Erotica By An African Author: A Dialogue With Lusi Mbira
Lusi Mbira is a Kenyan Erotica author, based in Nairobi. He has four working titles to his name, yet to be published within the year by Libros Agency Kenya. He’s a photographer and IT expert by training. Writing and photography are the embers of his passion.
BY GIOVANNI PATRICK
This conversation took place in Kenya.
Giovanni: It’s awkward interviewing you because I’ve known you for so long, but for the record an introduction by yourself would be a good place to start, beginning with who you are, what you do and the inspiration behind it.
Lusi: Lusi Mbira is my name, not my real name but the pseudonym I use for my photography and writing. Born and raised in Kenya, I was drawn to photography in my early adulthood. My subject content is sensuality and erotica, and the environment that builds that world.
I’d say the inspiration started when I realized I have these cool, random ideas that I could play around with in my head and there was so much potential to explore them and I sensed what is possible and I’ve been trying to achieve it since. I felt that I could do a better job if I understood myself better through interacting, communicating and relating with myself and others rooted in the concept of sexuality and everything around it; from scars, to expectations to shame etc. My writing tries to lend a few things to the conversation. I don’t necessarily claim to know everything but I really hope that what I create is not only enjoyable but is also something that gets us involved and enables us to communicate better.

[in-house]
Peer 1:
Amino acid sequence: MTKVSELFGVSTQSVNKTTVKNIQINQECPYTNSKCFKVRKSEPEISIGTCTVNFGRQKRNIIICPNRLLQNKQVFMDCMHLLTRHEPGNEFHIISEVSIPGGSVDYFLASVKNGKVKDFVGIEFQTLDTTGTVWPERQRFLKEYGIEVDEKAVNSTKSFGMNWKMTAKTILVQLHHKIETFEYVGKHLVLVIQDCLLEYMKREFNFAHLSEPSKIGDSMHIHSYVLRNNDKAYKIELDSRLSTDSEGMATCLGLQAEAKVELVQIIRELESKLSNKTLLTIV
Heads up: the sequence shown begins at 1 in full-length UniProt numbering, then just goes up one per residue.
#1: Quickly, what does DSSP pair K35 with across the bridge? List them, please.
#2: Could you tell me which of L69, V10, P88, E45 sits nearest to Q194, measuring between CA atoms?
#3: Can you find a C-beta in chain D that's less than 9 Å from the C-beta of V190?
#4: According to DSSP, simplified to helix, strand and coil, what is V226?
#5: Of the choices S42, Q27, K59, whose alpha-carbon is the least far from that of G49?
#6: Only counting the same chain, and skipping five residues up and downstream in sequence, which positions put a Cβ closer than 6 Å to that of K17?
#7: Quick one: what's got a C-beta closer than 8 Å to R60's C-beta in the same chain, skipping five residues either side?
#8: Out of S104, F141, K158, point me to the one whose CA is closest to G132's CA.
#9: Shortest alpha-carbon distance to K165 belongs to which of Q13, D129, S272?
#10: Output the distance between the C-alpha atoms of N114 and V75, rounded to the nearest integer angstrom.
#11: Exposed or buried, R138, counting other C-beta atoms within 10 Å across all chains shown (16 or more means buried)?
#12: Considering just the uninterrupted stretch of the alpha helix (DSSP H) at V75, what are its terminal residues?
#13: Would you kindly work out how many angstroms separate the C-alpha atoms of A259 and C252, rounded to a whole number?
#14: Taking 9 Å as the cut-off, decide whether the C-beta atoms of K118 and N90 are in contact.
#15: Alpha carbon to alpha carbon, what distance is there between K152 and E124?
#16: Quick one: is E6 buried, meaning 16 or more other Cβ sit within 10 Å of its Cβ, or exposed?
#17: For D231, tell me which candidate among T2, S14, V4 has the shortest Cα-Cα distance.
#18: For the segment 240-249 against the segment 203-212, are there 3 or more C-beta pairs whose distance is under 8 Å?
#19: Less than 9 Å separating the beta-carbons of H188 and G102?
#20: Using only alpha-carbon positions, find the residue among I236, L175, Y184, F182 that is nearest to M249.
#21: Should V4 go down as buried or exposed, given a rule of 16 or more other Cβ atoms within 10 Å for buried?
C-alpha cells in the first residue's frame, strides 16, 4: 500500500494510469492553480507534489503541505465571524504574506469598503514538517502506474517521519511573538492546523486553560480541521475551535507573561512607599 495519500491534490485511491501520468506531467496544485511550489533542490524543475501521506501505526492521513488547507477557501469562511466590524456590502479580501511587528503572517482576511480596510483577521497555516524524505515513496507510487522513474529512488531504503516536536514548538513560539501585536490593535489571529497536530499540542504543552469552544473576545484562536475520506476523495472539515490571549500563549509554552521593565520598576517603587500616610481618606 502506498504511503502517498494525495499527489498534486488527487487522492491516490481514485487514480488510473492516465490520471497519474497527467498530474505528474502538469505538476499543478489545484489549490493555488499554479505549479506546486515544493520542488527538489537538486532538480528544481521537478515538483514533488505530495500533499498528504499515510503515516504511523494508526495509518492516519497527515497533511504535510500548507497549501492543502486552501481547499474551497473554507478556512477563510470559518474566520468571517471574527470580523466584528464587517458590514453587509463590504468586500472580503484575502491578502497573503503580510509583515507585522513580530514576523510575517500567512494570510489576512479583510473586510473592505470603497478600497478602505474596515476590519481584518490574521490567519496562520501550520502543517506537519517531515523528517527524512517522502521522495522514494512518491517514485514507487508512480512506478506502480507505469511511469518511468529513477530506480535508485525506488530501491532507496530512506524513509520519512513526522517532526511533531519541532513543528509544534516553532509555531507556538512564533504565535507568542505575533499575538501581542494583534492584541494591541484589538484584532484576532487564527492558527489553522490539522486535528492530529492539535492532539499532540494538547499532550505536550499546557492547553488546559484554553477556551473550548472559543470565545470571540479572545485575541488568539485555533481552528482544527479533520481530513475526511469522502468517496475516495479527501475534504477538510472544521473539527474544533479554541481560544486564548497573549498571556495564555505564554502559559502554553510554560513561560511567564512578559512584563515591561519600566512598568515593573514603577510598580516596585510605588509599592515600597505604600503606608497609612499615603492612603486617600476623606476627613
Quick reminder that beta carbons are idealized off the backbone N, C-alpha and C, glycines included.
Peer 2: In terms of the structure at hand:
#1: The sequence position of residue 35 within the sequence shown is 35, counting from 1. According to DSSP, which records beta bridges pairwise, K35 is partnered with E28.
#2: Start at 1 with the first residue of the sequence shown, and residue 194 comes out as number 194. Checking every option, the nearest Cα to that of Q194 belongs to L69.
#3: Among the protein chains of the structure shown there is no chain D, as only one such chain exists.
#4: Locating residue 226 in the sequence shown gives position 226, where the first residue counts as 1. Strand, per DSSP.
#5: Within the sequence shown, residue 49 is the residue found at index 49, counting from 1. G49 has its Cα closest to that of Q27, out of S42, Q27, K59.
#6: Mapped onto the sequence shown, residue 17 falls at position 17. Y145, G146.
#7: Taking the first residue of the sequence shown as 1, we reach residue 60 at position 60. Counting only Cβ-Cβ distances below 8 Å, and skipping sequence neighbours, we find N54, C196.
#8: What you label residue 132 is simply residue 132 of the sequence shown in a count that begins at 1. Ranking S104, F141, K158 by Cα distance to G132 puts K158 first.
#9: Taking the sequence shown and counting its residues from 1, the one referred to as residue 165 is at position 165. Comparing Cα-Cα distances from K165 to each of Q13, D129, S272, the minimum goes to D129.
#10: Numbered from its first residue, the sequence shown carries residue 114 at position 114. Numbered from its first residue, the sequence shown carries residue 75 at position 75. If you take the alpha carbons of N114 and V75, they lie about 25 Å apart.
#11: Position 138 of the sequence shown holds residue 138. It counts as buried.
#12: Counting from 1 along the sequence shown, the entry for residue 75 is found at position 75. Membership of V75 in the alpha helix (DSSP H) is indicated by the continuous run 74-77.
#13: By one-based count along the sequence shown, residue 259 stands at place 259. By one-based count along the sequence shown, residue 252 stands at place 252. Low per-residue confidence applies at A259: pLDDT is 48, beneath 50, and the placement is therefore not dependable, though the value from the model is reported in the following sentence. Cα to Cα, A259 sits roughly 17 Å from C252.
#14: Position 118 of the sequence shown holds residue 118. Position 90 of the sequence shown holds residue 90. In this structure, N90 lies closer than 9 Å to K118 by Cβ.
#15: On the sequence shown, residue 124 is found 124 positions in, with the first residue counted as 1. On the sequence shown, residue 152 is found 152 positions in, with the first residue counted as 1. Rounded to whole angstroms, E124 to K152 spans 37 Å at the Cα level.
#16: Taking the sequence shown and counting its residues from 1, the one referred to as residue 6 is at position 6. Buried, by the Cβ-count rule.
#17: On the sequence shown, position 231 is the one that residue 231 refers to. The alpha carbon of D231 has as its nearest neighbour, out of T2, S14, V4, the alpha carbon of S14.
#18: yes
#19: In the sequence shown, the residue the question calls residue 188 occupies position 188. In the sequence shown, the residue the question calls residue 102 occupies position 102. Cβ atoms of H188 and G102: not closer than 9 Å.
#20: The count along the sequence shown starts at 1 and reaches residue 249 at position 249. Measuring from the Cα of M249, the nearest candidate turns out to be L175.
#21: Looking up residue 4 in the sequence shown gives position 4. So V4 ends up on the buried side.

I also feel that a lot of erotica is written by women for women. Perhaps, from my personal exposure, but we haven’t had as much from the male perspective on sexuality and especially with a sensual tone in it.
Giovanni: Would you say your work is based on personal experiences or is influenced by the same?
Lusi: It is, it definitely is. At this point, I’d be shy to share how much is influenced by personal experiences but I’d also add that it’s influenced by experiences of others, conversations that I’ve had with other folks. I’d simply say it varies from project to project. I do sometimes consider myself a destructive artist and I think for those who have had eyes on my work shouldn’t be surprised to find something that’s too much for them to handle. Nevertheless, I’m working with a great support structure editing wise and Libros Agency will present it in a way the teaspoon is sweet enough and small enough to handle in good doses. It will be a trip!
“I felt that I could do a better job if I understood myself better through interacting, communicating and relating with myself and others rooted in the concept of sexuality and everything around it; from scars, to expectations to shame etc.“
Giovanni: Where has your work appeared? Both photography and writing?